Maybe in the wider context, not allowed by the Global Capital to be taken into account, the total cost over time of stimulating domestic technology production vs the cost of having to deal with less developed economy later is lower even with the higher initial investment.
Christ what an asshole!
USA USA USA?
Of the soul
It’s not that Japan wants to eat Japanese rice so much that Japanese rice fields are a complex system evolved over many years in which vegetables are grown on the lands between rice fields. Without the rice, growing veg is uneconomic; that would cause significant farming and food problems.
The WTO is a blunt instrument devised by lawyers ignorant of ecology, environmentalism and sustainability to meet the requirements of a particular school of free market economics. It has become an economic weapon to be deployed mainly by the US. The growth of things like the Chinese-Russian accord shows what may happen; new trading blocs will arise that ignore the WTO, and if they get attractive enough, countries will join them.
wait, why does cornholio have the stigmata?
I don’t think that the US is really the main user of WTO’s DSB, the settlements are often not in favour of US politics (see steel tariffs or the endless story Airbus/Boeing).
Alternatives are good. With enough options, there’s less chance one will be too big to become a global bully. In case of WTO, alternatives are sorely needed.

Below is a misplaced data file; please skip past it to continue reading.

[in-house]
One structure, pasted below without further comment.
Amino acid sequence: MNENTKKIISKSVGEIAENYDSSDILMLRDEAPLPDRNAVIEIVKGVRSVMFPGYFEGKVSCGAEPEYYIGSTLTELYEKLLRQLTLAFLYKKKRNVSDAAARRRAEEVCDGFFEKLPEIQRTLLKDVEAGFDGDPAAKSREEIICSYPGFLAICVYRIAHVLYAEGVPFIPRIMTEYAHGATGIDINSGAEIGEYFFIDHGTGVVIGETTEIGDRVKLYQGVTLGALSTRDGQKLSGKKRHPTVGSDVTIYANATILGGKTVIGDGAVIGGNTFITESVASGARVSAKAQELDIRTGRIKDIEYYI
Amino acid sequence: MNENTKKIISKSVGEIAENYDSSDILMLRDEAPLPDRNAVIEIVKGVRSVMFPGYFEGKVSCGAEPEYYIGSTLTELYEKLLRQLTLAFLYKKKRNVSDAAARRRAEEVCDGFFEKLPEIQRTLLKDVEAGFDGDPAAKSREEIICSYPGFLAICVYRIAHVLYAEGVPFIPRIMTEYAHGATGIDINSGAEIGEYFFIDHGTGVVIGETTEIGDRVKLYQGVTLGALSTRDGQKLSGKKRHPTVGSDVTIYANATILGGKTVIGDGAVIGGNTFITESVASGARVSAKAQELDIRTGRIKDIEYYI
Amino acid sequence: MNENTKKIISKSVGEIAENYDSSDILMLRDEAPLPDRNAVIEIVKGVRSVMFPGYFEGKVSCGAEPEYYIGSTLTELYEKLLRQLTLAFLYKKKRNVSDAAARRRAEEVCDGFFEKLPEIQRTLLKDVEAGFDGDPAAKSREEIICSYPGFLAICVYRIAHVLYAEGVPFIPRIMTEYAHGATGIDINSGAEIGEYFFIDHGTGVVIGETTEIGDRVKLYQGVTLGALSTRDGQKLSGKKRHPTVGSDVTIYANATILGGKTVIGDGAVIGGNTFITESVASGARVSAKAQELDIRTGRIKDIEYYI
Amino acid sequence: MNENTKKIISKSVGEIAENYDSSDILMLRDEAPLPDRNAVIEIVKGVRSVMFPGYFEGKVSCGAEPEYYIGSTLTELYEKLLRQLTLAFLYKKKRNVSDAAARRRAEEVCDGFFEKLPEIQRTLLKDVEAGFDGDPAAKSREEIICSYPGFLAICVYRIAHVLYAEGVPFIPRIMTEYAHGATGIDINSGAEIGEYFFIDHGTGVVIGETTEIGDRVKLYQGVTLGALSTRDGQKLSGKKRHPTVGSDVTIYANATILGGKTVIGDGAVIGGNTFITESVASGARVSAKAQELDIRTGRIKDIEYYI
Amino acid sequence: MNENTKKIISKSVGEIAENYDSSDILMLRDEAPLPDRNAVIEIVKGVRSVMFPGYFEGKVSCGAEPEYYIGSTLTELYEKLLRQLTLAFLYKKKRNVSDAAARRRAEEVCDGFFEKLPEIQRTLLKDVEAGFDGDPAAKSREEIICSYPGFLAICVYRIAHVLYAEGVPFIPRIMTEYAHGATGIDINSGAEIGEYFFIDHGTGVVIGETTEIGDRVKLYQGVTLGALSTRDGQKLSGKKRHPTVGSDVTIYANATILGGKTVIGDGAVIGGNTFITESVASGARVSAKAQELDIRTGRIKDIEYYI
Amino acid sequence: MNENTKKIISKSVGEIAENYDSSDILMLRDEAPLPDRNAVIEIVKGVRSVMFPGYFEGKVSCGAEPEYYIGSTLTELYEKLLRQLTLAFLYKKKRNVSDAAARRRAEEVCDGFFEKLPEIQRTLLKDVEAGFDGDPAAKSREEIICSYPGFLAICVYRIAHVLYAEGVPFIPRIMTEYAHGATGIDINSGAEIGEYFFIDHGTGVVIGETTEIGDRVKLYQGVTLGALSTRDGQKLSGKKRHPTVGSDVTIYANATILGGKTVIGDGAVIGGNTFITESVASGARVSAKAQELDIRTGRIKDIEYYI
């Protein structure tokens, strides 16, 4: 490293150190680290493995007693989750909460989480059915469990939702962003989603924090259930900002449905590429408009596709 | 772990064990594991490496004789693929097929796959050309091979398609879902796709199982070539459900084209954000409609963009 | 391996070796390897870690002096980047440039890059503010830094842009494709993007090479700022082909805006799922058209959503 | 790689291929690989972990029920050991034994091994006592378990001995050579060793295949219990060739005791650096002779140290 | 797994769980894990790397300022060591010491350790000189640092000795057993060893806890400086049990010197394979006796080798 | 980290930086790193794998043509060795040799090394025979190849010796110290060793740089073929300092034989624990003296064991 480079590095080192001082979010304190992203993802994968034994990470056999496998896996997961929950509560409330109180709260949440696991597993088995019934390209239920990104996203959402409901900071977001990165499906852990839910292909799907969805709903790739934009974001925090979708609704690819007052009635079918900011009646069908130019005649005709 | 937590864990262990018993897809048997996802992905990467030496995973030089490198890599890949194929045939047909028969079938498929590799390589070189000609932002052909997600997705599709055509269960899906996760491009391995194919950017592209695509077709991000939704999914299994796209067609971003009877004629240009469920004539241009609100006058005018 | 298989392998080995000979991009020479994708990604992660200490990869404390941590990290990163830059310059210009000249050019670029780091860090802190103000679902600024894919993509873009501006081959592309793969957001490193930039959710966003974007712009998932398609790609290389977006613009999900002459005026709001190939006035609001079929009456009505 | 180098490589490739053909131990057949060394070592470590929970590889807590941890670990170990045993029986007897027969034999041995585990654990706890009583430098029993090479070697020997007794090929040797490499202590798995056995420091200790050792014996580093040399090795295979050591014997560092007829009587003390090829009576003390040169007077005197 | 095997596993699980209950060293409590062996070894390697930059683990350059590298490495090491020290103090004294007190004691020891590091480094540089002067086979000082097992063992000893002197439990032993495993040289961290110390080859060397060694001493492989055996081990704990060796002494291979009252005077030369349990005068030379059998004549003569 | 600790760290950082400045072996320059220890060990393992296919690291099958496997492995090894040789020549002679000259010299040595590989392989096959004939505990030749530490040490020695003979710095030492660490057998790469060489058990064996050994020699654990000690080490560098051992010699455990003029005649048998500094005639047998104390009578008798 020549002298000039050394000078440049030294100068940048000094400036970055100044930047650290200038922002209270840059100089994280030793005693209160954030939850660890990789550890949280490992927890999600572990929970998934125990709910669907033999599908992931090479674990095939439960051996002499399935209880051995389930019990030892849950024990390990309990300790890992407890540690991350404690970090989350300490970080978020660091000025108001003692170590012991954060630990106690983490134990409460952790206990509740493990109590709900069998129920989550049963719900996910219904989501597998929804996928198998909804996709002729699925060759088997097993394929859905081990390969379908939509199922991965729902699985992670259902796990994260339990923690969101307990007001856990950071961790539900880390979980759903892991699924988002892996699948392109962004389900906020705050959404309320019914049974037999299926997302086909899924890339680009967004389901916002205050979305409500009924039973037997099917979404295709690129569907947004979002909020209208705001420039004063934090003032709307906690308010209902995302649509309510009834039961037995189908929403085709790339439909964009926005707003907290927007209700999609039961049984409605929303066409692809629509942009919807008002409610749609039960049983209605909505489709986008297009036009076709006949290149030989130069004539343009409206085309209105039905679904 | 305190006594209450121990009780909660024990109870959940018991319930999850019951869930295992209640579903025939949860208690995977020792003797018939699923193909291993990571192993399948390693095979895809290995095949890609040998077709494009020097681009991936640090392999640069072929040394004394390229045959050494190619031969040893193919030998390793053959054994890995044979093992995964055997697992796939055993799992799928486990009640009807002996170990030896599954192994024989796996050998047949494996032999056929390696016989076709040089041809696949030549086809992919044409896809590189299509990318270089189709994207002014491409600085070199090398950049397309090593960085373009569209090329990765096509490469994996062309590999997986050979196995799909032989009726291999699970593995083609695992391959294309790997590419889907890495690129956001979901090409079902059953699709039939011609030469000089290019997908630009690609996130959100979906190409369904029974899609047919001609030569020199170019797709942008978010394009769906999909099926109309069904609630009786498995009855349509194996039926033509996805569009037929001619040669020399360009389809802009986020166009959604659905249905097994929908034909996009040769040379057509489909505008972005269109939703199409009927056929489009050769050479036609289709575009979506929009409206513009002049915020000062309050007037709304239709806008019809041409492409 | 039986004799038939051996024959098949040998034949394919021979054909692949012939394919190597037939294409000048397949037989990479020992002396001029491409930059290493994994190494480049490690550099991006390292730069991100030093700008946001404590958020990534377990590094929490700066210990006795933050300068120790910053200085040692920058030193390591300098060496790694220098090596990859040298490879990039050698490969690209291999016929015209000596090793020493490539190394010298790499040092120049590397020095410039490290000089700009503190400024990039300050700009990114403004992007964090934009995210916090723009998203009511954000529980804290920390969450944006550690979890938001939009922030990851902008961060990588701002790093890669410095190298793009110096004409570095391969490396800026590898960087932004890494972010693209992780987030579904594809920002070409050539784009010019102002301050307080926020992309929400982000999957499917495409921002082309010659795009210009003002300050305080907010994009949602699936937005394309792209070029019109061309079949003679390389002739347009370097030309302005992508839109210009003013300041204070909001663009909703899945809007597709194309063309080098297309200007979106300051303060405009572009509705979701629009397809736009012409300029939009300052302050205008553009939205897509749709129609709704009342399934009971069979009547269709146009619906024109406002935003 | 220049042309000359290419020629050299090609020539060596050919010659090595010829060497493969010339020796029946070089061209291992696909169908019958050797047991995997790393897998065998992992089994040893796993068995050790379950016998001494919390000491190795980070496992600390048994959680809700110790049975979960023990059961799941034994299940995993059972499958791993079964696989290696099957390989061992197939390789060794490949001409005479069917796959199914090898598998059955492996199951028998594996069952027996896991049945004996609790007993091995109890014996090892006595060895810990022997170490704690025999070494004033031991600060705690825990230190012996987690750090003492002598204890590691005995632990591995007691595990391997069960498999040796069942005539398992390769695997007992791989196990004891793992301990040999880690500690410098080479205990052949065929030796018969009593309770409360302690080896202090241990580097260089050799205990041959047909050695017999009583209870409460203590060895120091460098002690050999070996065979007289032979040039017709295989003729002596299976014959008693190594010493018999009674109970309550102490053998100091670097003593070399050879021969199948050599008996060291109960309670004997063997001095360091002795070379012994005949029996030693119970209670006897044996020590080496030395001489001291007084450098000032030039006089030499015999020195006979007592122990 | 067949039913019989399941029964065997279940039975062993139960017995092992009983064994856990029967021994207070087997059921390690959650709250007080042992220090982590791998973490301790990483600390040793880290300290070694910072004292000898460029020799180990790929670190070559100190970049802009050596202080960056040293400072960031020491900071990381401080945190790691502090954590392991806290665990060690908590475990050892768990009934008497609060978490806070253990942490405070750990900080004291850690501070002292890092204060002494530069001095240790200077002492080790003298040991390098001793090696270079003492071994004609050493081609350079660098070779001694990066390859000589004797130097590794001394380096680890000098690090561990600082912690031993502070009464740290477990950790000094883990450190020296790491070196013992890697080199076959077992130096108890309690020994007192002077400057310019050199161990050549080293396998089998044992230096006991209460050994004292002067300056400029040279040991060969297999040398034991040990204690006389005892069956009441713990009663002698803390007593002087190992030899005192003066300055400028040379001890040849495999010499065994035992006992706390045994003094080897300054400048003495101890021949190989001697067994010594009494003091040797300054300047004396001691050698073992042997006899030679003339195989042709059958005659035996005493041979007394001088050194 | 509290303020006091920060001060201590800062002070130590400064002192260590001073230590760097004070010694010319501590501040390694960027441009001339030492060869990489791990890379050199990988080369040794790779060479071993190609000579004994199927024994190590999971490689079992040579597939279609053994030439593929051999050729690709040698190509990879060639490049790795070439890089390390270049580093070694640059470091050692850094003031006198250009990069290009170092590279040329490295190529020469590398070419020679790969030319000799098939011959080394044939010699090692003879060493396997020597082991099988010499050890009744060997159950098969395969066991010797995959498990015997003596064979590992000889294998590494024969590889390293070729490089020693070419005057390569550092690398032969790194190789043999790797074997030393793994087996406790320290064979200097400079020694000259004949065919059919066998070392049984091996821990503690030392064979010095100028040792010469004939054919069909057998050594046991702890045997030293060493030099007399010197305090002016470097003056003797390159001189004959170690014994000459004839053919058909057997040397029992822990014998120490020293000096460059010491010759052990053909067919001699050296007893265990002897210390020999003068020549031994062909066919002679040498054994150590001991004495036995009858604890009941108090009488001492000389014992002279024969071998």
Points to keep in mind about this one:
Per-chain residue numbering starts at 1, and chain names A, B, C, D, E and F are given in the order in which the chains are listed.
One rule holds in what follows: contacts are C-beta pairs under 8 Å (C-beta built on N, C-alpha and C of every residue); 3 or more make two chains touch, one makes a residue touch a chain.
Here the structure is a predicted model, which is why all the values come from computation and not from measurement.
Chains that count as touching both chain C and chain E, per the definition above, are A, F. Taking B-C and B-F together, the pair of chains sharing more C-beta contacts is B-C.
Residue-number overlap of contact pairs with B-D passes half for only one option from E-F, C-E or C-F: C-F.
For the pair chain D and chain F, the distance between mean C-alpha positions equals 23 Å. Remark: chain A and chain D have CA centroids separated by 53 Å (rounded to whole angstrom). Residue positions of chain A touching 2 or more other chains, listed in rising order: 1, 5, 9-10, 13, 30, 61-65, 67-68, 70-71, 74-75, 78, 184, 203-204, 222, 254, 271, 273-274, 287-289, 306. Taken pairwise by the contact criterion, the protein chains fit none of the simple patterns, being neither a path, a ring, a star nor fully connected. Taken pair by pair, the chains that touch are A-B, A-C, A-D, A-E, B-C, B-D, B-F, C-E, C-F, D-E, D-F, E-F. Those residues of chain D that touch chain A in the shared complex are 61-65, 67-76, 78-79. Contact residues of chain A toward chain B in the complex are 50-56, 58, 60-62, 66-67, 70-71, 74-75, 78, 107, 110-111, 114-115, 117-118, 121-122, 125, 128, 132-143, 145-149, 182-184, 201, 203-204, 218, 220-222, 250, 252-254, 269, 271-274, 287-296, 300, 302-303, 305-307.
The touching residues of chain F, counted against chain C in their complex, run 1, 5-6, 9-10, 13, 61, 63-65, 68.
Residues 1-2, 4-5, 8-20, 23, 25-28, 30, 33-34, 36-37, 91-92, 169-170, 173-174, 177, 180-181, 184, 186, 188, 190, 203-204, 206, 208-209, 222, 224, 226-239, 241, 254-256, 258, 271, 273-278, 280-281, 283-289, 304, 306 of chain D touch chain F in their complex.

Not directly comparable to the WTO but it will be interesting to see the development of the AIIB. Even the UK became member though the US moved heaven and hell to prevent this Chinese-lead institution.
Corruption? Yes. Rampant? No? I haven’t had to pay a bribe in my life. In much of the world, that is not the case.
However, I’m slightly mystified as to the angle you’re taking here. Are you saying we should not interfere with local corruption? (Also please remember, I’m only pointing out something that feels suspicious. While ignoring smoke isn’t a good policy, not all smoke = fire.)
My point is that if you want the benefits of a trade deal (and India apparently wanted them), then you are obliged to play by the rules you signed. It’s not as if the USA (or my home province, Ontario) has been free from suits brought against them for exactly the same thing. The difference is that they didn’t tend to cancel the project but ended up being forced to actual put it out to fair tender.
I do think there’s a reasonable case for developing countries to transfer a substantial amount of tax receipts (usually from rural farmers to larger industrial concerns) in an attempt to grow a home-built industry (Dani Rodrik is a good source for this). However, you then don’t expect to get tariff-free access to large American markets.
The whole reporting of this is nonsense. The WTO didn’t say India can’t do it, they said it has to be open to a proper bidding process.
I also like that 20-year-old treaties are referred to as “archaic”.
I’m not certain that I’d count on China and Russia to lead the way to better trade rules that end up benefiting its citizenry.